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Tuesday, December 13, 2016
A myriad of attractions in Kelantan
The Istana Jahar was used by the state’s Raja Bendahara during the reign of Sultan Muhammad II.
Once an administrative centre of Kelantan, the location of Istana Jahar (Jahar Palace) itself portrays the state’s rich royal heritage and the tradition of its people.
Eastern and Western influences
The palace, which combines eastern and Western influences, is equipped with a pentagon-shaped porte-cochere rich with woodcarvings. It was for the use of the Raja Bendahara Long Kundor, who was the third-in-line to the throne, during the reign of Sultan Muhammad II.
The interior decoration is equally grand, with its unique designs determined by Islamic values and themes, while the motifs are heavily influenced by local flora and fauna.
Prime Minister Datuk Seri Najib Tun Razak launched the Janji di Tepati programme and had a walk-about at the Siti Khadijah market during his day-long visit to Kelantan in January 2013
It took the name from the Jahar tree that grew in the palace ground.
Back in the day, the first floor balcony of the palace was used for royal family members to watch ceremonies, such as istiadat bersiram, pijak tanah, berkhatanand even royal weddings, said Royal Traditions and Customs Museum assistant officer Zuhaini Mohd Zain.
“In 1981, it was converted to a museum and is now open to the public to showcase Kelantan’s unique culture,” said Zuhaini.
Built in the 1880s, the museum, situated in Kota Baru’s tourism and cultural zone, has close links to Sultan of Kelantan Sultan Muhammad V, who ascends the throne as the 15th Yang di-Pertuan Agong today.
Istana Jahar also showcases costumes of ancient warriors.
The museum showcases a royal collection which includes textiles, brass and silverware, and artifacts related to the royal rituals.
Its Malay Weapon Gallery showcases many unique traditional Malay weapons, including keris, lembing, badik and kelewang, among others.
According to the Tourism and Culture Ministry’s Kelantan director Mohd Aidil Afizie Mohd Daud, the Jahara Palace is currently the second most popular tourist site in the state after the Siti Khadijah Market.
Istana Batu was donated to the state in 1991 and was consented to be turned into a royal museum.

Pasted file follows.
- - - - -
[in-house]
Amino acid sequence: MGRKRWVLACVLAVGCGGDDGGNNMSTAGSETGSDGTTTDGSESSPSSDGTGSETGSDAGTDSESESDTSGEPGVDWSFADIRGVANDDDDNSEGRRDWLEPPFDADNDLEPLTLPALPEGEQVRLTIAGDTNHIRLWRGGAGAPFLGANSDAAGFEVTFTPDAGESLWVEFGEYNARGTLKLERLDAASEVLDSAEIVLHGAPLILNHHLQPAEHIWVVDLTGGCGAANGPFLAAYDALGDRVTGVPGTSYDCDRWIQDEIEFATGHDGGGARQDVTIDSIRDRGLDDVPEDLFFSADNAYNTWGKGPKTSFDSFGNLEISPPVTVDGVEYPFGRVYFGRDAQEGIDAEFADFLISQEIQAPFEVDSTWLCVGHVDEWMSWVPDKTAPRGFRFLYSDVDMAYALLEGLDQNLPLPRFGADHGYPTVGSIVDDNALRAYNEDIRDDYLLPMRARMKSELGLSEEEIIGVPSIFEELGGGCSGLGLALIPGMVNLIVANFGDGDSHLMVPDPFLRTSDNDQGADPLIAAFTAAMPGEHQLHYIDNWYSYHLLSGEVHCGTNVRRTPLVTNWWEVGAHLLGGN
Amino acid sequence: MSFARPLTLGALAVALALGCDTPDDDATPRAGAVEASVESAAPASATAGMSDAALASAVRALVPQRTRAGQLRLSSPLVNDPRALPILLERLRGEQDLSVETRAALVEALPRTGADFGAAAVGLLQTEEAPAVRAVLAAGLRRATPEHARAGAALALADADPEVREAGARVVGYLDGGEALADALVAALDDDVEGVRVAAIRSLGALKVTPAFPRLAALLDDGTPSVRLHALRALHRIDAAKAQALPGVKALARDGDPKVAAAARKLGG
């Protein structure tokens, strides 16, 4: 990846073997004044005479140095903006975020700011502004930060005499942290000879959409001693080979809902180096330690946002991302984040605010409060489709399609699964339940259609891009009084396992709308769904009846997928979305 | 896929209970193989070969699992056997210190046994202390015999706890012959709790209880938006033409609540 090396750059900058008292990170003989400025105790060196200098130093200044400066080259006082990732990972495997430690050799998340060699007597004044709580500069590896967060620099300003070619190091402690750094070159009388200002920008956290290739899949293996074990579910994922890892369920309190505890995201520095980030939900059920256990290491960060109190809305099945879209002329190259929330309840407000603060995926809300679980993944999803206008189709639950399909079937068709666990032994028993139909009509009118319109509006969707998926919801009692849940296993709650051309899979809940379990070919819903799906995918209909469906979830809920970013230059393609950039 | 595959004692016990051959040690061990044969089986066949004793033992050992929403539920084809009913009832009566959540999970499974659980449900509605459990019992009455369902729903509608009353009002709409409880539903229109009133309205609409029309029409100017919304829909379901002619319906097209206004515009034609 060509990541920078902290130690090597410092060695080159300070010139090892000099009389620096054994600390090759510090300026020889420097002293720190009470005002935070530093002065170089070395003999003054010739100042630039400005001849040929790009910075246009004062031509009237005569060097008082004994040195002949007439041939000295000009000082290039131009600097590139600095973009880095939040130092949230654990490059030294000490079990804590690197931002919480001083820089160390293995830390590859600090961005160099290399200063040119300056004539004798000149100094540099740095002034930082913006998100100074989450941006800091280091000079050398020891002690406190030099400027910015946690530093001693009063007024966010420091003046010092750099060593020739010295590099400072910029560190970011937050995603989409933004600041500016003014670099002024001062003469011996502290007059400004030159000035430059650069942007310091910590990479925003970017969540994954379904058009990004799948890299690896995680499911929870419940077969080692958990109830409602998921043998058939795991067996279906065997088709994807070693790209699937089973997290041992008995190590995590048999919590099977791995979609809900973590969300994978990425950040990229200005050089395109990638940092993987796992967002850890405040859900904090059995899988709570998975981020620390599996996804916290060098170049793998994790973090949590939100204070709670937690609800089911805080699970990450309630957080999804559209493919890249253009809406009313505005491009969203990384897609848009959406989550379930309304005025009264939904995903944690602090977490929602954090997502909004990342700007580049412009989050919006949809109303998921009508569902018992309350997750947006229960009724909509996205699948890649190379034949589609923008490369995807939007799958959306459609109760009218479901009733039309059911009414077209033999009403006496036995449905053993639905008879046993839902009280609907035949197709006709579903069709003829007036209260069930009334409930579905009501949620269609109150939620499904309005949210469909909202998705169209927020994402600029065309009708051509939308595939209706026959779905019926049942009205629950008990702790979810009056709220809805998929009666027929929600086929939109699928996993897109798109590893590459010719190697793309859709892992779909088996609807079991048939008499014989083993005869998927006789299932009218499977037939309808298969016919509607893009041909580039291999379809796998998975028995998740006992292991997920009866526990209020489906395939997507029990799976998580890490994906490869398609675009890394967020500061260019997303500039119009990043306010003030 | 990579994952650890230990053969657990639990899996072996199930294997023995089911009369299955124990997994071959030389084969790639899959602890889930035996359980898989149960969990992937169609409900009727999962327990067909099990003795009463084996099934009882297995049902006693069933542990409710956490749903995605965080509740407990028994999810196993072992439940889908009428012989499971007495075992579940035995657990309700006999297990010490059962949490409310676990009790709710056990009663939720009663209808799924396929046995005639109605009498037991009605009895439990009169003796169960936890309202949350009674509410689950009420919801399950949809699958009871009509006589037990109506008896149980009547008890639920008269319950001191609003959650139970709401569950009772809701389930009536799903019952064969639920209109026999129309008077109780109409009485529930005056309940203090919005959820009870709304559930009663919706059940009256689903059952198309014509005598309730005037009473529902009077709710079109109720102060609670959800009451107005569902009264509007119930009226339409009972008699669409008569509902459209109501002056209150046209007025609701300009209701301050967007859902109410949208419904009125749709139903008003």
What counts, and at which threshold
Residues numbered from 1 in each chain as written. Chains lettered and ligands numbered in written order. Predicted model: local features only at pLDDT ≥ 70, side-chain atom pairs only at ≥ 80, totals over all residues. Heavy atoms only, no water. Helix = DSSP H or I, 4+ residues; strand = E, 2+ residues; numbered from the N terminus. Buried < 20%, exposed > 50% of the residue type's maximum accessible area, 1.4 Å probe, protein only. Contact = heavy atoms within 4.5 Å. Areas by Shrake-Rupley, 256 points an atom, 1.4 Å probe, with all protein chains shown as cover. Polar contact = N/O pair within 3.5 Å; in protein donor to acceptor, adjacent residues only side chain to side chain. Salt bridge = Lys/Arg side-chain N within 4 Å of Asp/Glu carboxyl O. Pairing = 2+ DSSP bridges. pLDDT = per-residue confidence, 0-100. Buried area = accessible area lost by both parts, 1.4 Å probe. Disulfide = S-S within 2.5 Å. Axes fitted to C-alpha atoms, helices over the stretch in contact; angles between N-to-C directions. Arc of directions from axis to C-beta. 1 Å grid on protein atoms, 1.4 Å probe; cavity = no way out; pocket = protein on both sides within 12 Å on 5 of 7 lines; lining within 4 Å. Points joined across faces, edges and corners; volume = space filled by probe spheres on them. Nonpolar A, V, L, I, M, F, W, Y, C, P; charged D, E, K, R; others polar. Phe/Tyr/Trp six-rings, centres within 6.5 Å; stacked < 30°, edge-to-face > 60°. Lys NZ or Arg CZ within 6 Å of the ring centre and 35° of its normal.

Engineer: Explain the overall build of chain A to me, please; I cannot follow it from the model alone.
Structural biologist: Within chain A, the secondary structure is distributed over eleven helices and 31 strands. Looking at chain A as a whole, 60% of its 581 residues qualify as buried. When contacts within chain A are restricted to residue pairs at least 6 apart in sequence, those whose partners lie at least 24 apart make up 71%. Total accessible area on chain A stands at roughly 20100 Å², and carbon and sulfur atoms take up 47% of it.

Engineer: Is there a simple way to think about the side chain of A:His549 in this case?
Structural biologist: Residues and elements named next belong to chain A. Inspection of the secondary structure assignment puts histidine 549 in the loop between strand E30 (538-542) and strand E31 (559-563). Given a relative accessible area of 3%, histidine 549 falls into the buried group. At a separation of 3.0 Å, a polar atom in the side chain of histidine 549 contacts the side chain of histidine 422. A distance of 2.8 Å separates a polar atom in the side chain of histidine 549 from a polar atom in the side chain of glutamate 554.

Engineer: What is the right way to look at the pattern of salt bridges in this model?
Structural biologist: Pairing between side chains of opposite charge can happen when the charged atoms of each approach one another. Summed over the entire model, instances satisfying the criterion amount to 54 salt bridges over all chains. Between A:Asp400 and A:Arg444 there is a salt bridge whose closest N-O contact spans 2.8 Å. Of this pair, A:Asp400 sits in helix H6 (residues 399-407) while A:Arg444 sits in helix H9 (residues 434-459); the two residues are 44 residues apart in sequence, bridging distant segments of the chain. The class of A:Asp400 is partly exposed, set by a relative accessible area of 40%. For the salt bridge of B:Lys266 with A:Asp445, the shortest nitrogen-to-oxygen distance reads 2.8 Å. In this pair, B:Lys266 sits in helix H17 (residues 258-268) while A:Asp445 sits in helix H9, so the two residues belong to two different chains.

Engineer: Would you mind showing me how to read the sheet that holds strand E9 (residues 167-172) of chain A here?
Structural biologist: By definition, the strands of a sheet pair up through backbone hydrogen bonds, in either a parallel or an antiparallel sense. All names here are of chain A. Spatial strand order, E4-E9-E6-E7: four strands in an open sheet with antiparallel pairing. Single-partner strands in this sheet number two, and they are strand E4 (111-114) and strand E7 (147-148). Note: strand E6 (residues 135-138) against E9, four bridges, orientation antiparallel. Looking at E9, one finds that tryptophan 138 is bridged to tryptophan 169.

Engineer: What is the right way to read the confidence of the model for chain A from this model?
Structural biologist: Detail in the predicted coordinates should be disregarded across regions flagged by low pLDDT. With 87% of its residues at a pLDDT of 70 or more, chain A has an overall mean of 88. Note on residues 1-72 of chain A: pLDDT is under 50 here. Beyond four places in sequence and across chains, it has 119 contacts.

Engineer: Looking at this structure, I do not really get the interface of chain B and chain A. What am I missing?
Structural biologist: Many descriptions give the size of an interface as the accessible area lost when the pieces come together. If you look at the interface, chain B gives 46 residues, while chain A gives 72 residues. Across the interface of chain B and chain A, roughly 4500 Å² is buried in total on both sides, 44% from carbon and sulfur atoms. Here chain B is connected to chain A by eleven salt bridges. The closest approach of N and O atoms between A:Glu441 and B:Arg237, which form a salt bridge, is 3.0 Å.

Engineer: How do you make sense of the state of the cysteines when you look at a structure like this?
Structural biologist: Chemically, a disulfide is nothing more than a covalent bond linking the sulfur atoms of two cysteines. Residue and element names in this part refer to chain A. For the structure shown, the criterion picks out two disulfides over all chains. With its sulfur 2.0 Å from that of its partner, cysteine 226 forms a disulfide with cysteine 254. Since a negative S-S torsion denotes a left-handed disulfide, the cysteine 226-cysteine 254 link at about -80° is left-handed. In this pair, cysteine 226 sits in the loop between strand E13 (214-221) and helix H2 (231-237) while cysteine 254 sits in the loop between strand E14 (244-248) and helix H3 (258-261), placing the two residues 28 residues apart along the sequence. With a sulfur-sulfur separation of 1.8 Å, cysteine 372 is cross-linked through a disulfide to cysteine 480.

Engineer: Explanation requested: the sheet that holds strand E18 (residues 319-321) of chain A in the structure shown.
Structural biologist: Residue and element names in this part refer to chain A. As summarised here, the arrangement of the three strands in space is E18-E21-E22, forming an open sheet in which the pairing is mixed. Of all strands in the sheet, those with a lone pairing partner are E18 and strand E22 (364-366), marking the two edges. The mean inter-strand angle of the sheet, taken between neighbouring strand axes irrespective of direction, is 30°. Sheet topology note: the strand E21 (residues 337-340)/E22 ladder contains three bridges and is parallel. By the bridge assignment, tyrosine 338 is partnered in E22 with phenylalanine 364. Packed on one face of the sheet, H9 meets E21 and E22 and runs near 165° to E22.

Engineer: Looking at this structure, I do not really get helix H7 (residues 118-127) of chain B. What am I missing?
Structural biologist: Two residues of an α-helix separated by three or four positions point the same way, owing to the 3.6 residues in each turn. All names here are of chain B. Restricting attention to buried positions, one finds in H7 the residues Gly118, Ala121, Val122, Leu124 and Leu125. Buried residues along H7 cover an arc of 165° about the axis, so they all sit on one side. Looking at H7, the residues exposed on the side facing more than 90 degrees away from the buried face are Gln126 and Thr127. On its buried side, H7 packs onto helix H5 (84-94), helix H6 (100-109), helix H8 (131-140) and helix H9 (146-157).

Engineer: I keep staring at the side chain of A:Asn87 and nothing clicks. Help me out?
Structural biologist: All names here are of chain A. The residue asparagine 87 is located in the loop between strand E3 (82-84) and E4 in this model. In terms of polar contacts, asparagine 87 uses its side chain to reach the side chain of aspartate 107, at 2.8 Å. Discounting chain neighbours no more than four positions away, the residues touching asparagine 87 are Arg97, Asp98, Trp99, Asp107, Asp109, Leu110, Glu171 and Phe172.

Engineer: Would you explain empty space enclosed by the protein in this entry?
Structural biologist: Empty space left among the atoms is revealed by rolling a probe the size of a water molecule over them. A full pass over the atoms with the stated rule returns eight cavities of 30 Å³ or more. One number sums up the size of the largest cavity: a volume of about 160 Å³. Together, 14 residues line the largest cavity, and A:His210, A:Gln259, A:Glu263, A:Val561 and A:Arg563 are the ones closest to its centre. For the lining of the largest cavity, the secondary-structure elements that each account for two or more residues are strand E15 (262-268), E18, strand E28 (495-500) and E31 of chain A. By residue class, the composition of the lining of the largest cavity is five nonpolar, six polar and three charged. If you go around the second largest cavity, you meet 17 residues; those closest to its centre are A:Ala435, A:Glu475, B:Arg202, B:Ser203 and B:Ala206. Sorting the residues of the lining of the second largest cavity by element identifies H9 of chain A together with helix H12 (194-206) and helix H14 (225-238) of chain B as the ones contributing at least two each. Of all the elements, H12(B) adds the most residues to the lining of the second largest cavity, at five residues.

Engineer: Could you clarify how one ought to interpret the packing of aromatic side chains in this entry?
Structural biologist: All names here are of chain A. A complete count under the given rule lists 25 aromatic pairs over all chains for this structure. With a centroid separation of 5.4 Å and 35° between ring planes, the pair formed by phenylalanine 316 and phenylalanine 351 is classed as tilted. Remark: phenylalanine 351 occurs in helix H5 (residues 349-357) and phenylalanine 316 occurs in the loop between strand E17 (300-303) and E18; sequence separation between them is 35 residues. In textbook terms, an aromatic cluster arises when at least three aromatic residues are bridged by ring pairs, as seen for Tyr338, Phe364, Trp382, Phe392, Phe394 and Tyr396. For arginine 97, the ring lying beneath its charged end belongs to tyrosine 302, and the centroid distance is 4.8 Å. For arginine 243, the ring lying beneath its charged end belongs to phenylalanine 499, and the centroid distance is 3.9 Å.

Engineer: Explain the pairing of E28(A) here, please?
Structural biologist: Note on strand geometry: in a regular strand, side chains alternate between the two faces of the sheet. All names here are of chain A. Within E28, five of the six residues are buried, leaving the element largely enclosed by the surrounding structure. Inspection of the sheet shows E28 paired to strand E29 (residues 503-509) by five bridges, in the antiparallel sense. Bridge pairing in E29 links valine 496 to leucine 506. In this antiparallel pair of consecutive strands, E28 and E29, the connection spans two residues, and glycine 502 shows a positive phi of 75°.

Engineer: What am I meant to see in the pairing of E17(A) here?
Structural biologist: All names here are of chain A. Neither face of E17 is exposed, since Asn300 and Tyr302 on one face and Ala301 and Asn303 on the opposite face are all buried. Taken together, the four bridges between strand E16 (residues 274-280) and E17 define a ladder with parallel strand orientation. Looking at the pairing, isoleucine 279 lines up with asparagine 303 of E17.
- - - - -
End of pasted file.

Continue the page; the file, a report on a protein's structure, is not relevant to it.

Another famous tourist attraction is the Istana Batu (Royal Museum), which once served as the royal residence of Sultan Yahya Petra Sultan Ibrahim Petra when he was the Crown Prince.
Istana Batu, which has a pale yellow structure and facade, was donated to the state in 1991 and was consented to be turned into a royal museum.
The richly adorned rooms give visitors a glimpse into the past royal life.
It showcases, among others, personal belongings, including collection of personal letters, royal attires, hats, fine China and photos of the Kelantan royals, which were well preserved in its original state.
Istana Balai Besar
Visitors also must not miss the Istana Balai Besar (Grand Palace), which was built in 1844, along the Malay architectural lines that were hugely popular in the 19th century.
The Grand Palace was built by Sultan Muhammad II, who wanted a new palace to replace his old residence on the banks of the Kelantan river.
It is believed that skilled carpenters from all over the state constructed the palace from specially chosen cengal timber.
Istana Jahar’s interior decoration reflects Islamic values and themes while the motifs are inspired by flora and fauna.
It later became the royal residence of several Sultans who ruled the state. In present day, the palace, which houses the royal throne and regalia of Kelantan, is only used for royal ceremonies such as investitures and important functions.
Siti Khadijah market
Another way to experience Kelantanese culture is by paying a visit to the Siti Khadijah market, named after Prophet Muhammad’s wife. The traders in this market are predominantly women. It is a busy market selling Kelantanese food and traditional products.
The Siti Khadijah market is Kelantan’s most popular tourist site and the traders there are predominantly women.
Visitors can choose from fresh vegetables, including pickle petai, keropok losong and cincalok (fermented small shrimps) to a long list of sweets and desserts such as akok (a traditional Kelantanese dessert made from coconut, palm syrup and eggs), cendol pulut tapai, bunga tanjung, jala mas, sira labu, butir nangka and tahi itik.